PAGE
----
Alan R. Moon
Freya's Folly
Multi-player game on dwarfs excavating jewels in order to fulfill contracts. Much revolves around movement through an elaborate underground labyrinth randomly stocked with jewels. À la Emerald, dwarf movement depends on the location of other dwarfs, here the goal being to have some in one's path as this permits the longer frog's leap. But if there are too many one cannot leap at all. A dwarf may also be given a special ability which modifies this, e.g. moving further, moving more often, perventing others from jumping or even carrying extra jewels or employing a bat to fly jewels to the top. There is some ability also to steal from others which at first feels mean, the process of acquiring jewels honestly being so laborious, but by the end everyone tends to have more jewels than they can use anyway. The fact that claiming a contract requires the most vital resource of all – an action – is somewhat troublesome as a player may claim one and then see his jewels stolen out from under him. On the other hand, refraining from a claim may lose it to someone else. To help there is a side game of fulfilling amber contracts which has the tripartite effect of providing extra moves, triggering the end of the game and modifying scoring somewhat depending on the number of these contracts completed. As free actions can be extremely valuable, probably every winner completes at least one of these (and maybe no more than that?). The board is rather large, the pieces many and all is attractively realized. The thematic fit is apt as well. The only objection might be that not enough of interest happens in a turn and little of interest on others' turns so it is imperative that all play quickly lest excitement flag. The choices one makes are not so much agonizing as mostly obvious with only the occasional significant deviation being advisable. [Sagacity Games]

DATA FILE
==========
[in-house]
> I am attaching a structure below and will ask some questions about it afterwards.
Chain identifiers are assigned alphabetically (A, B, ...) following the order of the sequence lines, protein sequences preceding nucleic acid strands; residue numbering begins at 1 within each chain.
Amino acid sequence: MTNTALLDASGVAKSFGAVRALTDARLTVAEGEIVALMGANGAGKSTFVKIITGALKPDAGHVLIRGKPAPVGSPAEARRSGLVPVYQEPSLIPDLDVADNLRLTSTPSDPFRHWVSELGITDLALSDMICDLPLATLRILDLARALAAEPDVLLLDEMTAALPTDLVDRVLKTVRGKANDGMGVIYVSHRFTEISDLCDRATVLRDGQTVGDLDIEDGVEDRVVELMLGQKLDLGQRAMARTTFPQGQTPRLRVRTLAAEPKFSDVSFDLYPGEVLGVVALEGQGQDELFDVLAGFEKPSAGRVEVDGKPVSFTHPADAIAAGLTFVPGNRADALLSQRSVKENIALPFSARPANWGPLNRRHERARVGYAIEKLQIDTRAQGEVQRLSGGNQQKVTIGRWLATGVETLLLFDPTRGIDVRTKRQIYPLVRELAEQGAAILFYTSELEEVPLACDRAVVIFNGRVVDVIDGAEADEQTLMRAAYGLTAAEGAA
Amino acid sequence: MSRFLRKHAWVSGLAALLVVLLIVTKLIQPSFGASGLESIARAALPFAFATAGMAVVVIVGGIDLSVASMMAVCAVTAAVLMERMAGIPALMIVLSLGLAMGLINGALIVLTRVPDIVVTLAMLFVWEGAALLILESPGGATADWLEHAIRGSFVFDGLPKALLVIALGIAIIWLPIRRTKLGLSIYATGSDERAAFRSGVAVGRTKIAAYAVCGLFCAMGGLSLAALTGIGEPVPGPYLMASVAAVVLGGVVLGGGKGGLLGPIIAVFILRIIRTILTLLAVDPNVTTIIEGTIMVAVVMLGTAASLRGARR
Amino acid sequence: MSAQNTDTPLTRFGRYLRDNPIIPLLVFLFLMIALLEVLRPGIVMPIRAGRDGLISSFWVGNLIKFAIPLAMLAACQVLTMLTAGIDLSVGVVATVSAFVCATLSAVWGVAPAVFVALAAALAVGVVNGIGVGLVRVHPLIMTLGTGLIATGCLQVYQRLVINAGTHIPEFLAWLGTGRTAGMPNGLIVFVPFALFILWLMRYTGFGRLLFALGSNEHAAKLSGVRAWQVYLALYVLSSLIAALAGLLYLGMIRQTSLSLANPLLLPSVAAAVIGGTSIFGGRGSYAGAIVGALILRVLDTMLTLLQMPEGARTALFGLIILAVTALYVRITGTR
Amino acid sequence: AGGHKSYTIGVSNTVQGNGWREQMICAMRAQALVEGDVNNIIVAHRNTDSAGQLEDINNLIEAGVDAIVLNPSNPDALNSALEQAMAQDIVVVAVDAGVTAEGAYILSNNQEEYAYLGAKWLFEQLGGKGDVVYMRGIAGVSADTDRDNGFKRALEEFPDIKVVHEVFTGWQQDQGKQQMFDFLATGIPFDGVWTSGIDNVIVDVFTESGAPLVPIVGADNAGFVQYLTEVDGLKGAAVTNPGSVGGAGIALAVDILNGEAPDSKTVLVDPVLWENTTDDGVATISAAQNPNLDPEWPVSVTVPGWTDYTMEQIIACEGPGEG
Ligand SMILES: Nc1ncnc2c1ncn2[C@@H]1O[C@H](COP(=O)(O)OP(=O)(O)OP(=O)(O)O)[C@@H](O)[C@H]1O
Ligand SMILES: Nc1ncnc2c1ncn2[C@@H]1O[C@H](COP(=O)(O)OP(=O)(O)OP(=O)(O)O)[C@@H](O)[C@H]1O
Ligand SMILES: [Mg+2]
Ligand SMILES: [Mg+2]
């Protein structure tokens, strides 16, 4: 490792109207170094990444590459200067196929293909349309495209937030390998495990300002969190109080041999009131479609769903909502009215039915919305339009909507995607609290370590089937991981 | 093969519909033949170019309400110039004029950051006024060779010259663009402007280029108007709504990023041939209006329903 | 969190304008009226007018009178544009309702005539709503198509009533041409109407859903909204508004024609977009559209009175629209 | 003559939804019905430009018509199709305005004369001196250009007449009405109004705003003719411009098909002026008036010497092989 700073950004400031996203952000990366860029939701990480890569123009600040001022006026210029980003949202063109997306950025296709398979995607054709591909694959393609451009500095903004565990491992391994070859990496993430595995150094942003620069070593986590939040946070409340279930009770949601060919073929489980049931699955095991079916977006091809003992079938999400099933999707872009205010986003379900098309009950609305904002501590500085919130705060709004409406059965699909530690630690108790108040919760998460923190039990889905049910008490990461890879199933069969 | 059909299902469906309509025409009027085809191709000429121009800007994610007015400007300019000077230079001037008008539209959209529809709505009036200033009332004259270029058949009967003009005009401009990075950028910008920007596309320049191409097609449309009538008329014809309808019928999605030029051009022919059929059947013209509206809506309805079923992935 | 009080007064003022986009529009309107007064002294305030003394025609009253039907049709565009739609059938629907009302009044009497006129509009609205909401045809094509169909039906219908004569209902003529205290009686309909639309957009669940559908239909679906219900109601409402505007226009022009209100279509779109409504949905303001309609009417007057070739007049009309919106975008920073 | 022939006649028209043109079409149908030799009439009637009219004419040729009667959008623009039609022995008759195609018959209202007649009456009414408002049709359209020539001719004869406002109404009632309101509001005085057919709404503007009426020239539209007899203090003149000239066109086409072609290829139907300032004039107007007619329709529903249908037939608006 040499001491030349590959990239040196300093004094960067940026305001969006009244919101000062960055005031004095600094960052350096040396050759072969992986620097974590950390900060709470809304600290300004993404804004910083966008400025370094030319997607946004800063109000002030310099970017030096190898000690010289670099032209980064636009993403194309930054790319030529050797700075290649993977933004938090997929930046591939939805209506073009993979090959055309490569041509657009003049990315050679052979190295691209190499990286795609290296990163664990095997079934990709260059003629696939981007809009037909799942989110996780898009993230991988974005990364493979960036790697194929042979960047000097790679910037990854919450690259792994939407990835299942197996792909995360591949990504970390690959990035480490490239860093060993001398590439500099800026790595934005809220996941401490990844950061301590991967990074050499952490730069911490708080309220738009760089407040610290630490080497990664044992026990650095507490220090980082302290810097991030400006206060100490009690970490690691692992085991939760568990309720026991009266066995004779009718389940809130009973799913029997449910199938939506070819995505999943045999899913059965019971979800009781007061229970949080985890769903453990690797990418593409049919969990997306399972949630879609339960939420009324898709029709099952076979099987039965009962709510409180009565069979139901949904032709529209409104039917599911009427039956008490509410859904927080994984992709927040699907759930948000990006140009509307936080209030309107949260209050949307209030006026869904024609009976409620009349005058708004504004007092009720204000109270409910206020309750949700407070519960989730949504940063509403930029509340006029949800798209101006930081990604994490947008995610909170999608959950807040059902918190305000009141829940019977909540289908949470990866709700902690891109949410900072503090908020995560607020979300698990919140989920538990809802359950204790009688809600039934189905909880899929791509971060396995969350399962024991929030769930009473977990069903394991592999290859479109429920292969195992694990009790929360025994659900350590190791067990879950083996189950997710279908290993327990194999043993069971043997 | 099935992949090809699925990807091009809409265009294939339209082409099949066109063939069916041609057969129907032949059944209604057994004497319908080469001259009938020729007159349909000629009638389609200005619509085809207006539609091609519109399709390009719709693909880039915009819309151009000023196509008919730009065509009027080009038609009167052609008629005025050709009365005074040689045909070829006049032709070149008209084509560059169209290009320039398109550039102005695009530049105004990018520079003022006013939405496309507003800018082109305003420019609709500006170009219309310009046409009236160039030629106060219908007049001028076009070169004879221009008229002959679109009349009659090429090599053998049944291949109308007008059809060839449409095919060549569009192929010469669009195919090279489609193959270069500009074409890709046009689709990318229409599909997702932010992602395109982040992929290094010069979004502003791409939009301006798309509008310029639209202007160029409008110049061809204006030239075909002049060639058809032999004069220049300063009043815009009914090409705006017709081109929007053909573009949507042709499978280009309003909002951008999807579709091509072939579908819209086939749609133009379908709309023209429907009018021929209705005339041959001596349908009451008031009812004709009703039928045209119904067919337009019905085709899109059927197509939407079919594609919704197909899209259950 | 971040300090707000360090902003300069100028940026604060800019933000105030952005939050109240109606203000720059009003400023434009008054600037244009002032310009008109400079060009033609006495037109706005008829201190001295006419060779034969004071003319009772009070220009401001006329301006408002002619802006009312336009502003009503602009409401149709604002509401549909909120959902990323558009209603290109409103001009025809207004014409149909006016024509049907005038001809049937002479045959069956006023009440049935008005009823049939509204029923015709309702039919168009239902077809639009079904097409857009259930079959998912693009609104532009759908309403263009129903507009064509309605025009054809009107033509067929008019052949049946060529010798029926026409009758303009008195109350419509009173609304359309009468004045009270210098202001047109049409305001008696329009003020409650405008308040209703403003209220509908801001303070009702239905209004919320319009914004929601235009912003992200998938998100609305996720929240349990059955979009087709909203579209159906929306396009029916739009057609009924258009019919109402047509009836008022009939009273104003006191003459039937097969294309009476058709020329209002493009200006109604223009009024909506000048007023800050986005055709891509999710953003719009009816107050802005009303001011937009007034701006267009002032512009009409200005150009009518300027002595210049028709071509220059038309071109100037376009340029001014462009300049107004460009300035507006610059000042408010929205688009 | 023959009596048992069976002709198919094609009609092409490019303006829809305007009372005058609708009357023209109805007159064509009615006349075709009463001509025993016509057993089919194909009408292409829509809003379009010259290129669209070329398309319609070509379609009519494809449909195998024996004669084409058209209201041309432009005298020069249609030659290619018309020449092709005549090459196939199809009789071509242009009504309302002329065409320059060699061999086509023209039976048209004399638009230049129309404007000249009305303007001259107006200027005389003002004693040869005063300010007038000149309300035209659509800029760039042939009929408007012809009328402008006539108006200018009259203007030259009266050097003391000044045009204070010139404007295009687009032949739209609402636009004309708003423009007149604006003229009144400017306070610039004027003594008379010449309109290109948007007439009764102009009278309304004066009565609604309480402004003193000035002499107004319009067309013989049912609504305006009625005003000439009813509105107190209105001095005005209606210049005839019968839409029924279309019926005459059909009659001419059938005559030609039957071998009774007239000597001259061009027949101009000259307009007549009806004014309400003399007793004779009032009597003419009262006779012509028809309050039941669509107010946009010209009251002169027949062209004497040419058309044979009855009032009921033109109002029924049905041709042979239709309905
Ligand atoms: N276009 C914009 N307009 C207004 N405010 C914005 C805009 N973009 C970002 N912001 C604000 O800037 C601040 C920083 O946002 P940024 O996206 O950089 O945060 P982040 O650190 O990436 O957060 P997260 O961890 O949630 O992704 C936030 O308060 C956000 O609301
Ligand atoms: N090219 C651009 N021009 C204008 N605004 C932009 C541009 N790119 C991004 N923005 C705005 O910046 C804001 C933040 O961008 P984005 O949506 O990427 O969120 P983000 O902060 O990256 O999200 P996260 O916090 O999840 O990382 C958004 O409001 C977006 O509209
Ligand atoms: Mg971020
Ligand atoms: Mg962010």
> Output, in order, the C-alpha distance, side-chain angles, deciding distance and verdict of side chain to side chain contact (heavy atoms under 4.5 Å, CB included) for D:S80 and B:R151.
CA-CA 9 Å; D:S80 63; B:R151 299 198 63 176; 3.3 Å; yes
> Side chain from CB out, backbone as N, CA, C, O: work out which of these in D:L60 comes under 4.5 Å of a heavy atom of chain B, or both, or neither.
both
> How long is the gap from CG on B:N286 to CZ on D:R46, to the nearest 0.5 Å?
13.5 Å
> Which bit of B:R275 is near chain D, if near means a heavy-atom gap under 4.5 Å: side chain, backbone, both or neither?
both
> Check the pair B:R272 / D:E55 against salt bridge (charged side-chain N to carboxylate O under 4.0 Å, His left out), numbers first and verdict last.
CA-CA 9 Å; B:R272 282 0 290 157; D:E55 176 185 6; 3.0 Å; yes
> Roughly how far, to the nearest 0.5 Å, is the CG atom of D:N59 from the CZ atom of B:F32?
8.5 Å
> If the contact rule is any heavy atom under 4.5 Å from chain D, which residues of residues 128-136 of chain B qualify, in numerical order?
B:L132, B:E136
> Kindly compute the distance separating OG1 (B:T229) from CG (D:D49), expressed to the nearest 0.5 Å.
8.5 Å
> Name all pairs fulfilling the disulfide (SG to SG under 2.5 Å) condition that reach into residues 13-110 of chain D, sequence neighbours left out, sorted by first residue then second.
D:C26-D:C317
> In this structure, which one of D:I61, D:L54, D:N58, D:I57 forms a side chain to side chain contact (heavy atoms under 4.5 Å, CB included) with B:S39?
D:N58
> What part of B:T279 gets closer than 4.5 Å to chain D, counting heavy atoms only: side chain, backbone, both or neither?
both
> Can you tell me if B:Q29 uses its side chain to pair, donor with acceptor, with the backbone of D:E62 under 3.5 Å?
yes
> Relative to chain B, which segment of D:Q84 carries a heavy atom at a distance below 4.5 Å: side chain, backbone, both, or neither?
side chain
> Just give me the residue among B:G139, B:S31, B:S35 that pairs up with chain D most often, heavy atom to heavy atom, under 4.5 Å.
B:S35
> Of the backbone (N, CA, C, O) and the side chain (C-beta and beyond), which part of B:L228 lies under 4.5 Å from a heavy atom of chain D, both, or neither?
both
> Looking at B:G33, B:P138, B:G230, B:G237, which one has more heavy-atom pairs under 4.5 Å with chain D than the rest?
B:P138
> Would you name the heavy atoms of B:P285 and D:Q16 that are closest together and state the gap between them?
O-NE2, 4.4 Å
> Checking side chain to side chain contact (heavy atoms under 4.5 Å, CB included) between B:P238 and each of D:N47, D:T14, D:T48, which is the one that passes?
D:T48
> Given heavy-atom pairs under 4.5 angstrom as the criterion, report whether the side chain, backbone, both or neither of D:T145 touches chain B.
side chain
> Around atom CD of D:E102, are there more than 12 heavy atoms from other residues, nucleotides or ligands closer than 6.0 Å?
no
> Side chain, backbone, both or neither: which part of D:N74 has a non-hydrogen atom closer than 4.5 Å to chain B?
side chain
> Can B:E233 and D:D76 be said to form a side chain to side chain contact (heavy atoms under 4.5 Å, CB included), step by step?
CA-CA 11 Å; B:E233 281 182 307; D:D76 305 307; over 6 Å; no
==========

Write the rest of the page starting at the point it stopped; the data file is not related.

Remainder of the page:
Strategy: Medium; Theme: High; Tactics: High; Evaluation: Medium; Personal Rating: 6
FrischFisch (Fresh Fish)
Tile-laying game with auctions by Friedemann Friese. One wants fish to be as fresh as possible, so players compete in four categories (the others being nuclear waste, petrol and games) to get their outlets as close to the source as possible on a 10 by 10 grid. Very unusual game of prediction and of measuring risks and opportunities. There is a slight problem in that players must be alert to placing road tiles which occur by implication, but it is not too serious since the same activity also helps one to play better. Highly recommended sophisticated – what the German industry calls anspruchsvoll – game. Unfortunately had only appeared so far in a limited print run, so the subsequent American edition was most welcome despite a few glitches: too similar looking red and orange pieces and an unnecessarily larger package. The box cover art is quite attractive, although it might imply that the game is for children – definitely not the case. Some rules have been altered – probably for the better – groups must clarify which are to be used before beginning play.
Friedemann Friese; Plenary Games;
Fruit Fair